At about the 8-mile mark the hills started. This technical terrain forced us to stay in line for a short while but it didn’t slow us down too much. My buddy and I stayed close until this portion of the race but we soon found ourselves separated. I glanced back to see what my buddy thought and got the thumbs up. From this point on I was on my own.
It is different running solo versus with a friend. With a friend you can talk about the pace, tell jokes, and generally just enjoy your time in the outdoors. When you’re out on your own you tend to be a lot more focused on the run. I really started to push myself at this point and found myself focusing on my breathing and not think about my tired legs.
At mile 10-ish you come back by the finish line and see the crowds. I was a little mistaken and thought I was finished but my hopes quickly died as I realized we still had another 3+ miles to go. I dug down deep and decided that I was going to finish this race in 2 hours, which meant I needed to kick up the pace.
The hills continued and my legs, knees, and lungs were feeling it. I pushed the pain out of my mind and just tried to keep one foot in front of the other. I kept looking back hoping to see my buddy’s bright yellow shirt coming up behind me but he had gotten sucked into the pack and decided to just enjoy the race and not kill himself. Me, I was on a mission.
I came up on a water station and saw the mile marker 12.6. “Less then 1 mile to go!” I thought and my watch read 1:50:00 so I kicked it into high gear, positive I would finish in 6-7 minutes. I continued to pass runners but when I looked at my watch and saw 1:58:00 I was beginning to lose hope. At 1 hour 59 minutes I was convinced that this race would never end and that I would die of old age out here. It seemed never ending.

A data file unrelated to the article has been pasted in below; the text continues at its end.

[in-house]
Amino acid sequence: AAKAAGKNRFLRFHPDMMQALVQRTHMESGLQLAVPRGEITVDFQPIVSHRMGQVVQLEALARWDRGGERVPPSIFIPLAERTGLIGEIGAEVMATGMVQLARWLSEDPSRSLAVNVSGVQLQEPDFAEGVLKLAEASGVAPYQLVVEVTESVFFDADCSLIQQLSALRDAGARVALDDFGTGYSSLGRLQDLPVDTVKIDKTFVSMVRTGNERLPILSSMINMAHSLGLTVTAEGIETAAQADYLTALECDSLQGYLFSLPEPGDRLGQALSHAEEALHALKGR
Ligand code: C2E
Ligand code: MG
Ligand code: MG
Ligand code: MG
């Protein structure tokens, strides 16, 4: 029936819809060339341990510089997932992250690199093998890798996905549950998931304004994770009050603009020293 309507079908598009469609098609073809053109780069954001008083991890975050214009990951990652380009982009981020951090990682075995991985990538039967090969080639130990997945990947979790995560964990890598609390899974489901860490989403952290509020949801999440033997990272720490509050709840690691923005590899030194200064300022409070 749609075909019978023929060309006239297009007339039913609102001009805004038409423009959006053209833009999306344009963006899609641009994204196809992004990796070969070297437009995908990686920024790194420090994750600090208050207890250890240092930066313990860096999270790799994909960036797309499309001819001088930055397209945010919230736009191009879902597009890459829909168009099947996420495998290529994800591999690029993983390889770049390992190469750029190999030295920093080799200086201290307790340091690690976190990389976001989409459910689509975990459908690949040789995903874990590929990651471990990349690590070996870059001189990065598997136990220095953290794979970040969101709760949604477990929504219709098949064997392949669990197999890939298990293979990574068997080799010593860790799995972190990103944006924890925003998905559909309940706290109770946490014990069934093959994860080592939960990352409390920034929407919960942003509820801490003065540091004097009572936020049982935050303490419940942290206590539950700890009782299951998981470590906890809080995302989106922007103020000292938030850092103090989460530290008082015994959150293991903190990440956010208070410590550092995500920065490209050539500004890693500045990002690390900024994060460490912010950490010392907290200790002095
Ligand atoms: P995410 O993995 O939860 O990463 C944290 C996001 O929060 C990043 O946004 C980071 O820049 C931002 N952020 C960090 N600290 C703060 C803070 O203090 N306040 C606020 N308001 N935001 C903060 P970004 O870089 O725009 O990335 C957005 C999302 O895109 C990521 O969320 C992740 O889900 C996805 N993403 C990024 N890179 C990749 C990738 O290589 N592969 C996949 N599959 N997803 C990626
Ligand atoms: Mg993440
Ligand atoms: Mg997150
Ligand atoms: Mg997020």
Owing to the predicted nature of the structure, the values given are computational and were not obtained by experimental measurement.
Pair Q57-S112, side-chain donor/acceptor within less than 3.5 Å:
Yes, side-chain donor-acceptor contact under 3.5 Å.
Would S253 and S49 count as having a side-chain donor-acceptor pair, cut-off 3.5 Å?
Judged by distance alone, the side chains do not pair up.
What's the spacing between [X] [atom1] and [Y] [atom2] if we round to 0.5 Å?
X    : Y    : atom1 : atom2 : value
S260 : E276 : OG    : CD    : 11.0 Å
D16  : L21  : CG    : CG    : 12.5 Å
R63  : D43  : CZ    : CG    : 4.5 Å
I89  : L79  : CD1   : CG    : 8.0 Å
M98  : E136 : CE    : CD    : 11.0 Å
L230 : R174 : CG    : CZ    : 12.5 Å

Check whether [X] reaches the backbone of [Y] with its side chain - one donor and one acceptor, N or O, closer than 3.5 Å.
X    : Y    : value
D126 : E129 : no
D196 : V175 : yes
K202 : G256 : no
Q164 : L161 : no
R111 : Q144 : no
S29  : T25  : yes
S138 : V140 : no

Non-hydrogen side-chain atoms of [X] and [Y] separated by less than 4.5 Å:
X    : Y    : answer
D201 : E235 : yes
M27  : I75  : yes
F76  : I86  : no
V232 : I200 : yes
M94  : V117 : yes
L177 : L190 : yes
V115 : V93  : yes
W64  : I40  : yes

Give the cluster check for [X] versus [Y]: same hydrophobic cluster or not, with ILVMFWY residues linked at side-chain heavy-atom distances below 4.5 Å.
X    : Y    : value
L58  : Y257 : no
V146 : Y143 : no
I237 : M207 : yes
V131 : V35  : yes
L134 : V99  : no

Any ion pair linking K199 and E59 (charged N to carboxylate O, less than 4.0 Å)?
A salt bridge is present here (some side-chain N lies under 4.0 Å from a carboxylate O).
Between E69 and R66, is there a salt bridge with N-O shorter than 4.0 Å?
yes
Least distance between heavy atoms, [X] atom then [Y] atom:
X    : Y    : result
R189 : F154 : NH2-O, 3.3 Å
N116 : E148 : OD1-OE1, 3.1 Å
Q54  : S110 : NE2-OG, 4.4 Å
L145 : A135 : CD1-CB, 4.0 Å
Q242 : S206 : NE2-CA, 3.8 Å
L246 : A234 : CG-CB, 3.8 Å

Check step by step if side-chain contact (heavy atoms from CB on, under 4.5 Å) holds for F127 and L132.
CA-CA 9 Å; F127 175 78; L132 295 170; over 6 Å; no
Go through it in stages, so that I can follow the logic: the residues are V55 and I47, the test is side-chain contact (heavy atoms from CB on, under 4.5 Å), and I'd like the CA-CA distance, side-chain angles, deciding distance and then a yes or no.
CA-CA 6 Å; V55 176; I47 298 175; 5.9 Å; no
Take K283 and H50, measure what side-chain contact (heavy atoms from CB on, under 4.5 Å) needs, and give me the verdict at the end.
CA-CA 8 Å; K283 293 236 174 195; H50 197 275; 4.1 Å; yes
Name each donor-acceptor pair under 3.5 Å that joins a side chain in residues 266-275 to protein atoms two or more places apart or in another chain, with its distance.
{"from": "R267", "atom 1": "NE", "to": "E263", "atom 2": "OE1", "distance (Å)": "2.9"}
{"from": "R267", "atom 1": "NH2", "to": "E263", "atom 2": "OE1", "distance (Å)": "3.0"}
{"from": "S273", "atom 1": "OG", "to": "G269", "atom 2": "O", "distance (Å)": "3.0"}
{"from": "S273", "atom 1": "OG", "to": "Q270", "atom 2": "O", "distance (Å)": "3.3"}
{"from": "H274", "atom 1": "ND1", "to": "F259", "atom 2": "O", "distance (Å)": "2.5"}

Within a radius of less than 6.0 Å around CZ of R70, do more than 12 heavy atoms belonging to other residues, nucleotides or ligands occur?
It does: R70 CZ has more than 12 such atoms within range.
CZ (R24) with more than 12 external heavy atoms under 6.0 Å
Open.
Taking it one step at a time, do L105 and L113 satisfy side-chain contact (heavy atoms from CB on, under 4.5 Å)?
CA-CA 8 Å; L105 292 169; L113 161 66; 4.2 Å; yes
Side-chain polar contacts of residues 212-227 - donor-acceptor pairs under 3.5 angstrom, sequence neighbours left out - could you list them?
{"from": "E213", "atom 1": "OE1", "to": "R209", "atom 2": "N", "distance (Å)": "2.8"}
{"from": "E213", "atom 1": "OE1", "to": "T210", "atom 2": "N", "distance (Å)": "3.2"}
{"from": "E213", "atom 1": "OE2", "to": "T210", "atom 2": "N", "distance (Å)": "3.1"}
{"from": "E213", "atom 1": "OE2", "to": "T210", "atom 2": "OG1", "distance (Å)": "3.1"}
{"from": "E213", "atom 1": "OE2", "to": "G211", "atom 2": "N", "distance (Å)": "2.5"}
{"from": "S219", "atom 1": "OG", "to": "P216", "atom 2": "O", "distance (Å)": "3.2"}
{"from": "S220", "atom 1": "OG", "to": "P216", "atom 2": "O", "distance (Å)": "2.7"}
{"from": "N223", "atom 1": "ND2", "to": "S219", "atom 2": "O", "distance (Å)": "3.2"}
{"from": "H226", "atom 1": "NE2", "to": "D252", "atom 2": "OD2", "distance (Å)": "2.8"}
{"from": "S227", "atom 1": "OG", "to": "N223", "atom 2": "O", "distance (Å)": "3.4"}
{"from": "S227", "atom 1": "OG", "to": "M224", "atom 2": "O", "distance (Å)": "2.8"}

I turned a corner and heard the crowd. “Hot Damn!” I thought to myself, “I am almost done”. I turned one more corner and saw the race clock in the distance. The clock clicked over, 2:00:00. I broke into a sprint. By this point my shirt was off, I was dripping sweat, and I had a pain filled hateful look upon my face.
When I crossed the finish line my watch said 2:00:30. 30 seconds over my goal, but that didn’t matter, I was filled with a sense of pride I had never felt. I was smiling ear to ear, and my legs felt like they were going to crumble beneath me.
A short while later I see my Brian coming up at a nice steady pace. I cheered him to the line and congratulated him on the strong finish. He explained to me that he got stuck on the roller coaster hills behind the pack and when he had a chance to break away I was already long gone.
I was externally weak at this point, and hungry. Brian grabbed some water and said “If I could get something to eat I would run this race again.” I guess this is where the years of running (plus badass-ness) come into play.
I don’t think I will run another half marathon. It was an amazing course that I would highly recommend to anyone, but not for me. I am setting my sights higher. I want to see how far I can go, maybe an ultra marathon? As far as I’m concerned, there isn’t anything I can’t do.
I want to send my deepest thanks to Tamprace.com for hosting this amazing event and to Travel Country for sponsoring us. I also want to thank my running buddy Brian, I couldn’t do this without his amazing insight and advice, appreciate it man.